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October 31, 2020
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Tips to Build Fence
Lifestyle Home Improvement

10 Tips to Build Fence Even the Neighbours Will Love

Building a fence is a great way to increase your home’s curb appeal, home value and trendy definition of your yard and garden.

But you aren’t the only person who must live with the fence after it’s built. The rest of the neighbourhood, particularly the folks next door to you, will likewise experience the benefits and negatives of your choice in fencing.

Here is how to build a fence and keep the peace by mixing neighbourly concerns with factors of style and durability, presented by auckland fence builders:

Plan fence carefully

There’s nothing worse than an ongoing neighbourhood feud started by a fence built on the wrong side of a property line, so know exactly where your lines are drawn.

Check plot strategies to identify the corners of your lot and work within them. Diffuse any suspected ill intent by talking to your neighbours about your fence-building plans before you begin construction.

Tips to Build Fence
Tips to Build Fence

Make it a legal fence

Not all fencing jobs require licenses, but it’s worth checking with local officials to confirm any building parameters. Local ordinances may have strict guidelines for fence height, material selection, picket spacing, post hole footings, and minimum setback distance from the sidewalk or road.

Fence material choices

Fencing is offered in a wide selection of materials, such as natural and pressure-treated woods, composites, vinyl and metal. In addition to the look you like, consider the upkeep required by your fencing selection. Natural wood comes with the biggest ongoing demands, requiring repainting or refinishing every few years.

Good fence side out

In addition to coordinating with and enhancing your home, the style of fencing you choose should look good from both sides (the neighbourly facet of design), match the uses of your outdoor space (e.g., help to keep pets pets, and playthings within bounds), and get the most out of your lot lines (open fencing patterns make a lawn seem larger).

Fencing like board-on-board is designed to look equally great on both sides. But stockade fencing has only one finished side. If that is the type of weapon you choose, bear in mind that most building codes require that you have the GOOD side facing out.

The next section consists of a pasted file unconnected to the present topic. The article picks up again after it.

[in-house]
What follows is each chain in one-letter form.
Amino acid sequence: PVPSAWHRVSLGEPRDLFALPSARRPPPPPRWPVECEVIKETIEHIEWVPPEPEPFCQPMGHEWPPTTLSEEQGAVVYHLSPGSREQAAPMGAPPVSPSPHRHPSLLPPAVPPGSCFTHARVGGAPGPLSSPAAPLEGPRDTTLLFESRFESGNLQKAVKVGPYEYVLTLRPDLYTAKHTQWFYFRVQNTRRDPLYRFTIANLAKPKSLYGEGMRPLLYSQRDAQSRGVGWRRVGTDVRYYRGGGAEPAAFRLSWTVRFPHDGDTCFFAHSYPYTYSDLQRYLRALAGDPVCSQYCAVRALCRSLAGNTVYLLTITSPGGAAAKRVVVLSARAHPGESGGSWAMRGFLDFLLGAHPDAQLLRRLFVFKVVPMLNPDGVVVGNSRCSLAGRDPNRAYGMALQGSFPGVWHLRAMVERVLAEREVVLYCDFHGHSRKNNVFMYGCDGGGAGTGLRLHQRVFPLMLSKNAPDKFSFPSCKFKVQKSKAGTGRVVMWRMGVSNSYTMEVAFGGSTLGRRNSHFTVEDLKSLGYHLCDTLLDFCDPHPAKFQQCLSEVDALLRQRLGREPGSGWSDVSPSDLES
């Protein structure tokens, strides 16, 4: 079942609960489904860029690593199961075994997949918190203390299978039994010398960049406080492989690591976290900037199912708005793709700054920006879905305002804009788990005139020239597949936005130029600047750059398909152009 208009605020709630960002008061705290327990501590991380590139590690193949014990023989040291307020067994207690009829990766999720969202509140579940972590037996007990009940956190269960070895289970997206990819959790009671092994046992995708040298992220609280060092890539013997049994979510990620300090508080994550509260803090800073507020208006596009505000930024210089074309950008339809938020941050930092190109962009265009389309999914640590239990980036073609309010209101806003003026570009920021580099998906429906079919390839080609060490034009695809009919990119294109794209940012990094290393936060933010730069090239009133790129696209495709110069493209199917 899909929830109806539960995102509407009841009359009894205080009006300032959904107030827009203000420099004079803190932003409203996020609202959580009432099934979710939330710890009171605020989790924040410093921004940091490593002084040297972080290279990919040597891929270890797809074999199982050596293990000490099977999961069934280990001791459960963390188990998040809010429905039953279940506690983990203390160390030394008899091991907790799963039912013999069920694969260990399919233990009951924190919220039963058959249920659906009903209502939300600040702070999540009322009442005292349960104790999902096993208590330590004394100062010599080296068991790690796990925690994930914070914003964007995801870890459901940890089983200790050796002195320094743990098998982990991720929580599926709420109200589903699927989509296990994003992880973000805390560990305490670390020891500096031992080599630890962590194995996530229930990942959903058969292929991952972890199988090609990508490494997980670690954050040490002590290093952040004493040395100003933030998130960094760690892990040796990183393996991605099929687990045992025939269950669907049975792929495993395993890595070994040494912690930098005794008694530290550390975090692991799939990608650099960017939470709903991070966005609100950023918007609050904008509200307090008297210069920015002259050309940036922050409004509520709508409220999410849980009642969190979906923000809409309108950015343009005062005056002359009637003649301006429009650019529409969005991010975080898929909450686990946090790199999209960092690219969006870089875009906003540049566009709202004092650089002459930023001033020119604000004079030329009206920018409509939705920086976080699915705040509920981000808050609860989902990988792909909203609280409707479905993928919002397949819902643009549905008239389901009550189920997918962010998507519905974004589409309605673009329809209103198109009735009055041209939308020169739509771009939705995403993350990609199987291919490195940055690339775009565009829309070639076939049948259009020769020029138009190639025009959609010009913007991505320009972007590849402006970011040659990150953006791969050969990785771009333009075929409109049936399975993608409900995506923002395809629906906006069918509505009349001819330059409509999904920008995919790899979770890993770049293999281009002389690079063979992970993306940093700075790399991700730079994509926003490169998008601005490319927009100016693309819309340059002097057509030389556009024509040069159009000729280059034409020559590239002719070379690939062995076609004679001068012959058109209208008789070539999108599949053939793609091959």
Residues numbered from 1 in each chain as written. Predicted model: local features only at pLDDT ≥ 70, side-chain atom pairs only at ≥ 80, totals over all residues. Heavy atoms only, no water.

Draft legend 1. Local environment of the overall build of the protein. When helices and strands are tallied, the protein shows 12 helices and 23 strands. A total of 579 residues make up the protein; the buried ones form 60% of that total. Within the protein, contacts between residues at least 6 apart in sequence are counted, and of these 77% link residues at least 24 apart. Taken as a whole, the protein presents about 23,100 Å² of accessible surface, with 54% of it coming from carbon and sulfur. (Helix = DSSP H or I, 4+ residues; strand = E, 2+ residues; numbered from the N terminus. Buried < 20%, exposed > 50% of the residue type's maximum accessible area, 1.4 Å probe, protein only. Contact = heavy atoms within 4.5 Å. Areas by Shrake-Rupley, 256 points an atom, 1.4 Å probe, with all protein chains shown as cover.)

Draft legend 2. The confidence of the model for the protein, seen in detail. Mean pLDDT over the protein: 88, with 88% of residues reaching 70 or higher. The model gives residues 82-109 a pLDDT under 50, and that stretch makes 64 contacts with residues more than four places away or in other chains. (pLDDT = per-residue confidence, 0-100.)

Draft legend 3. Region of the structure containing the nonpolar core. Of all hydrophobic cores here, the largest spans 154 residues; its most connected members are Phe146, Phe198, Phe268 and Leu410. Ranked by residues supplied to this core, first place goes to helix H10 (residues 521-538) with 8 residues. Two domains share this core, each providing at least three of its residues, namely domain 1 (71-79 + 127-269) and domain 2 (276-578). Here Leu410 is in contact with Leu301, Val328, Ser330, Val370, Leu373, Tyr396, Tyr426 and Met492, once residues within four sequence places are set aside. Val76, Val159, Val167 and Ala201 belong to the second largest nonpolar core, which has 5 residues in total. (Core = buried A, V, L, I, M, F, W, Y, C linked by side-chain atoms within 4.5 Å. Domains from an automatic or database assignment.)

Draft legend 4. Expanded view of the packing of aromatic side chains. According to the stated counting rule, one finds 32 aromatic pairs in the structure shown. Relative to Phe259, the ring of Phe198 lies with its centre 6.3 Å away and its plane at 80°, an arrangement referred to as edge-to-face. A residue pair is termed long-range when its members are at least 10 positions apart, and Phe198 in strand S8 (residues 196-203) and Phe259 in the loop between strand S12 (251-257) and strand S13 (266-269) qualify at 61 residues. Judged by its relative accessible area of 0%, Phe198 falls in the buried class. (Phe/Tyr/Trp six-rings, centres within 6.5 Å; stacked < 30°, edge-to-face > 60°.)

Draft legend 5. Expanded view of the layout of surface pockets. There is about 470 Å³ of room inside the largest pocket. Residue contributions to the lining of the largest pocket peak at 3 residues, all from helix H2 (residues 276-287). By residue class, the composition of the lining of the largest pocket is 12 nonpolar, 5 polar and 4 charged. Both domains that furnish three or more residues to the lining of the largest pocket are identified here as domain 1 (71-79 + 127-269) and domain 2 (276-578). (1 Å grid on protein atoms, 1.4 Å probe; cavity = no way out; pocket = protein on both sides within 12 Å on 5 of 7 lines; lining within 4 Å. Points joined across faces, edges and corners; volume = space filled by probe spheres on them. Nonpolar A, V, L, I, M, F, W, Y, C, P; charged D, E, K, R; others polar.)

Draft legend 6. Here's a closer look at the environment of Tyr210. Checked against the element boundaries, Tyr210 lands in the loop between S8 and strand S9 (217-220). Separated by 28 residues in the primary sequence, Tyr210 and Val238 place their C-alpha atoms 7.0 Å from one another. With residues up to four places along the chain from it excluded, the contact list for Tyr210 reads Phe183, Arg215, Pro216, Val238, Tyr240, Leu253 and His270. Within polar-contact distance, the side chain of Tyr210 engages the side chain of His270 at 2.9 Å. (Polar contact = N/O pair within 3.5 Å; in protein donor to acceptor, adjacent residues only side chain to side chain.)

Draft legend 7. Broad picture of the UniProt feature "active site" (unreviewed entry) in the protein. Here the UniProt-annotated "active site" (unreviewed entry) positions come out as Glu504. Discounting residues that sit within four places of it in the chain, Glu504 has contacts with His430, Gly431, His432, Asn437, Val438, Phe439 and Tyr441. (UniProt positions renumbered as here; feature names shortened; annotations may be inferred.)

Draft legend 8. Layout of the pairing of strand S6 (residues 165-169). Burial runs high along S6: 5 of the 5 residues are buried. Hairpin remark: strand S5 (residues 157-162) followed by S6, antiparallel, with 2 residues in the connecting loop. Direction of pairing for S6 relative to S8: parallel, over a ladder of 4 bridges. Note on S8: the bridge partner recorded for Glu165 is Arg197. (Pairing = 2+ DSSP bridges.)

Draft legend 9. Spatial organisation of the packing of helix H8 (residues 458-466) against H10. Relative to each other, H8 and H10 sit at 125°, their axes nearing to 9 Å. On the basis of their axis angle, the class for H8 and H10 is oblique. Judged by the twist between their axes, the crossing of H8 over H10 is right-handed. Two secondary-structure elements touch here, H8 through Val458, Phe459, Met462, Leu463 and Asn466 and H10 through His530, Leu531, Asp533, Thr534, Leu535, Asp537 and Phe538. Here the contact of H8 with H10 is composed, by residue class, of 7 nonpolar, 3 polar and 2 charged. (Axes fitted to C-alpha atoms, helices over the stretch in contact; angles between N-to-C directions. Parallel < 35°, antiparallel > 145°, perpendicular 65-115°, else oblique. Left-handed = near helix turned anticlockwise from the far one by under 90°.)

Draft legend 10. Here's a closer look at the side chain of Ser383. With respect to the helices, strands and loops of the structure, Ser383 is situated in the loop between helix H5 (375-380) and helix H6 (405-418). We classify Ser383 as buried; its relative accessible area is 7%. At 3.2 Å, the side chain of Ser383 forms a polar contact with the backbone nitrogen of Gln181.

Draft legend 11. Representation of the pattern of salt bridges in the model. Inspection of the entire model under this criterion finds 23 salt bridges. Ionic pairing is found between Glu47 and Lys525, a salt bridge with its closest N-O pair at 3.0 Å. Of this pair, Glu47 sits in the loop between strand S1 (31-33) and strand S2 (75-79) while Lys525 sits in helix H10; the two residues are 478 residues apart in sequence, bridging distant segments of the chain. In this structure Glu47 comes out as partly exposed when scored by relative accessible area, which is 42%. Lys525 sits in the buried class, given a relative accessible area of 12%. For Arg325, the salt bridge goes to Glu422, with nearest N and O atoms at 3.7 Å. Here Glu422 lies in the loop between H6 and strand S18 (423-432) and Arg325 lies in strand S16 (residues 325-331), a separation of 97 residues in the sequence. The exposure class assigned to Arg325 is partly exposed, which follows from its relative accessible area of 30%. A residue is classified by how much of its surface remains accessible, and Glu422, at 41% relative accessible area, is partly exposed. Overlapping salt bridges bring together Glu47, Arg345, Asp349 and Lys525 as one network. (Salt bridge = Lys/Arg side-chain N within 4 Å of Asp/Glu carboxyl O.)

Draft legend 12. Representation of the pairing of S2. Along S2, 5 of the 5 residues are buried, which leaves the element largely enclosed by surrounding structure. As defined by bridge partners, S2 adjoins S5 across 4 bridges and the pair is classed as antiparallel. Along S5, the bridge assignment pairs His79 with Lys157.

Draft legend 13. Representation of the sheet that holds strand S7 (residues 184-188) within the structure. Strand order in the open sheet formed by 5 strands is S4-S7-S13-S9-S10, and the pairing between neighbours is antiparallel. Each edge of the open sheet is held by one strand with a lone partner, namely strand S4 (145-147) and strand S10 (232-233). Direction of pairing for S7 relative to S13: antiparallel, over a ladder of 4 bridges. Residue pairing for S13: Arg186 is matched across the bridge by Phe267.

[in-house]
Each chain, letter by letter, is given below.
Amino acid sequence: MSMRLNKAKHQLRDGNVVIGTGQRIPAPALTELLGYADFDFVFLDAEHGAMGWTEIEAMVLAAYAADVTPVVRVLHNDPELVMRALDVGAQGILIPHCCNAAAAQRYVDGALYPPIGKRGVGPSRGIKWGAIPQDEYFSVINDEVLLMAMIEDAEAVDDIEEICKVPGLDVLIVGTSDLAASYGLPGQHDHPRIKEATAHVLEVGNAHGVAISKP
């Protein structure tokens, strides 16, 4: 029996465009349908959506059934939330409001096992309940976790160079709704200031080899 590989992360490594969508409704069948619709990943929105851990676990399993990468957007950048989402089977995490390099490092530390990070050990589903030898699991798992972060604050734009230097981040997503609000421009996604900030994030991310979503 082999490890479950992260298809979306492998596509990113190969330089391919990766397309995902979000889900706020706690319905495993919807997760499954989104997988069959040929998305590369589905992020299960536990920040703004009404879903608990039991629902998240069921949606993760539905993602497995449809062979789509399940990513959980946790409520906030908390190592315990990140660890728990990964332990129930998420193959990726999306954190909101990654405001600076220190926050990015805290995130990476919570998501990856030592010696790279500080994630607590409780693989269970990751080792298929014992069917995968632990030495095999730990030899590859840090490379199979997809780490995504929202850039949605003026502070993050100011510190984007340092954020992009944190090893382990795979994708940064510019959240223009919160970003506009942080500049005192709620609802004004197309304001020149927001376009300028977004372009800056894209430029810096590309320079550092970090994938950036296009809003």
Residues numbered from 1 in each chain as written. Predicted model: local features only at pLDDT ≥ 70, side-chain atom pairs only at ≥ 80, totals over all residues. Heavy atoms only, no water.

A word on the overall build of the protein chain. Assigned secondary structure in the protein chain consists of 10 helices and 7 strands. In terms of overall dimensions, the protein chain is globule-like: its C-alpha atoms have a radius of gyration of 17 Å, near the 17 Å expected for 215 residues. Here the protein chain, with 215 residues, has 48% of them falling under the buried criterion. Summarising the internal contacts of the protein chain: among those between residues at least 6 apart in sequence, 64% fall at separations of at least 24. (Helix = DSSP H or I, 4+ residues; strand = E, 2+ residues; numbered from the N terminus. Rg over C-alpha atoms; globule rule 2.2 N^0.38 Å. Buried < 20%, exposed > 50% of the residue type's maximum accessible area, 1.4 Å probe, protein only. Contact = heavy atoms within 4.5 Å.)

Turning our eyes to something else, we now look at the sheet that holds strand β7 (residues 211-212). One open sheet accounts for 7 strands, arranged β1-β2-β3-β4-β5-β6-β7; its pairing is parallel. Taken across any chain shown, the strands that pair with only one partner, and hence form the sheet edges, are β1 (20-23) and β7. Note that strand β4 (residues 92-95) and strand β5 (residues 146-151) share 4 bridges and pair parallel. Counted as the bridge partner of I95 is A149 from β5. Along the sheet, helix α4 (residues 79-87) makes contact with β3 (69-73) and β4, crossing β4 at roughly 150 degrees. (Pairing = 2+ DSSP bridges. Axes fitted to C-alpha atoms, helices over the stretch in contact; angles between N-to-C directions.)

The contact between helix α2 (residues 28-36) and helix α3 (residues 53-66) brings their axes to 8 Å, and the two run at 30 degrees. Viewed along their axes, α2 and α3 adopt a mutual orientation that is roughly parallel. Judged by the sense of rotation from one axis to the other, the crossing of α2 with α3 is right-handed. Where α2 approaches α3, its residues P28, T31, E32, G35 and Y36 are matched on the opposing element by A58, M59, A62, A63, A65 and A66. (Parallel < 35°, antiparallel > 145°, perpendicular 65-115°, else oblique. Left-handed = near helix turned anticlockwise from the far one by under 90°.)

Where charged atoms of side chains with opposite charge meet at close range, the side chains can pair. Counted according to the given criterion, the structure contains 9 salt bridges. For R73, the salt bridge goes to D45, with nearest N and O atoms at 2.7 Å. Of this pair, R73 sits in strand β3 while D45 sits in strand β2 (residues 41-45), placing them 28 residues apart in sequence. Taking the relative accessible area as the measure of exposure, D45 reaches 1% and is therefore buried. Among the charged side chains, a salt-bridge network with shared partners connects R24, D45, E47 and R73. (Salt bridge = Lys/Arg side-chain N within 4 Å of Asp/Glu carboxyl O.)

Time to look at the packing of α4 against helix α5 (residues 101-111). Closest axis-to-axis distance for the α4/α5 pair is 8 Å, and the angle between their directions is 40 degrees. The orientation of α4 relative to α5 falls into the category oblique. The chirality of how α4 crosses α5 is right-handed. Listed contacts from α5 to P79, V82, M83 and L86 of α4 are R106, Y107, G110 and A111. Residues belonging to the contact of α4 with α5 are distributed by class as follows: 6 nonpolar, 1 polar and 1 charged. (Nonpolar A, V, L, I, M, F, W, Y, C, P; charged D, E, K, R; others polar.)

Tips to Build Fence
Tips to Build Fence

Seal, stain and finish fence first

For optimal coverage and protection in addition to ease, make sure that you apply finish to fencing components before they are assembled. This measure should also be taken if you’re working with a professional installer. Have them fall off the fencing a few days before the scheduled instalment so you have time to look after the finish. Speaking of finish, avoid applying a clear topcoat like shellac or polyurethane varnish. It won’t have a chance against the elements, finally blistering to the point that you’ll need to sand all surfaces down and begin with a whole new finish for your fencing.

Reinforce gates

Fence gates take most of the wear-and-tear of the fence so make sure yours is securely built and fortified with diagonal cross bracing to prevent sagging. Also, to help make certain that your gate stays shut even if the kids leave it open, add a spring hinge into the fence gate allow it to swing shut.

Don’t drag fence

One common fencing installation mistake is allowing the bottom rail of a fence to hover too close to the ground. Make sure your railing sits four to six inches above floor level to provide more-than-adequate clearance for nearby grass and proper airflow. The fence will settle after installation, so keeping the fence up from the start is the best way to make sure the fence doesn’t become bait for bugs.

Space fence out

Spacing between fence posts will be dependent on the type of fence, the terrain where you are building it, and its general purpose, but the typical range is six to eight feet between posts.

Tips to Build Fence
Tips to Build Fence

Set fence posts properly

Many folks assume that placing posts in concrete is the very best and strongest way to go, but that method can lead to improper settling, drainage and damage issues. Most fences will find a better footing if post holes are lined with well-tamped gray gravel. The pressure of the gravel from the dirt is much stronger than a concrete pour, and keeps fence posts directly as the natural drainage works its magic.

Cap fence posts

Top off your fence construction project with a slant, rounded surface or metal cap to promote water runoff and protect against rot.

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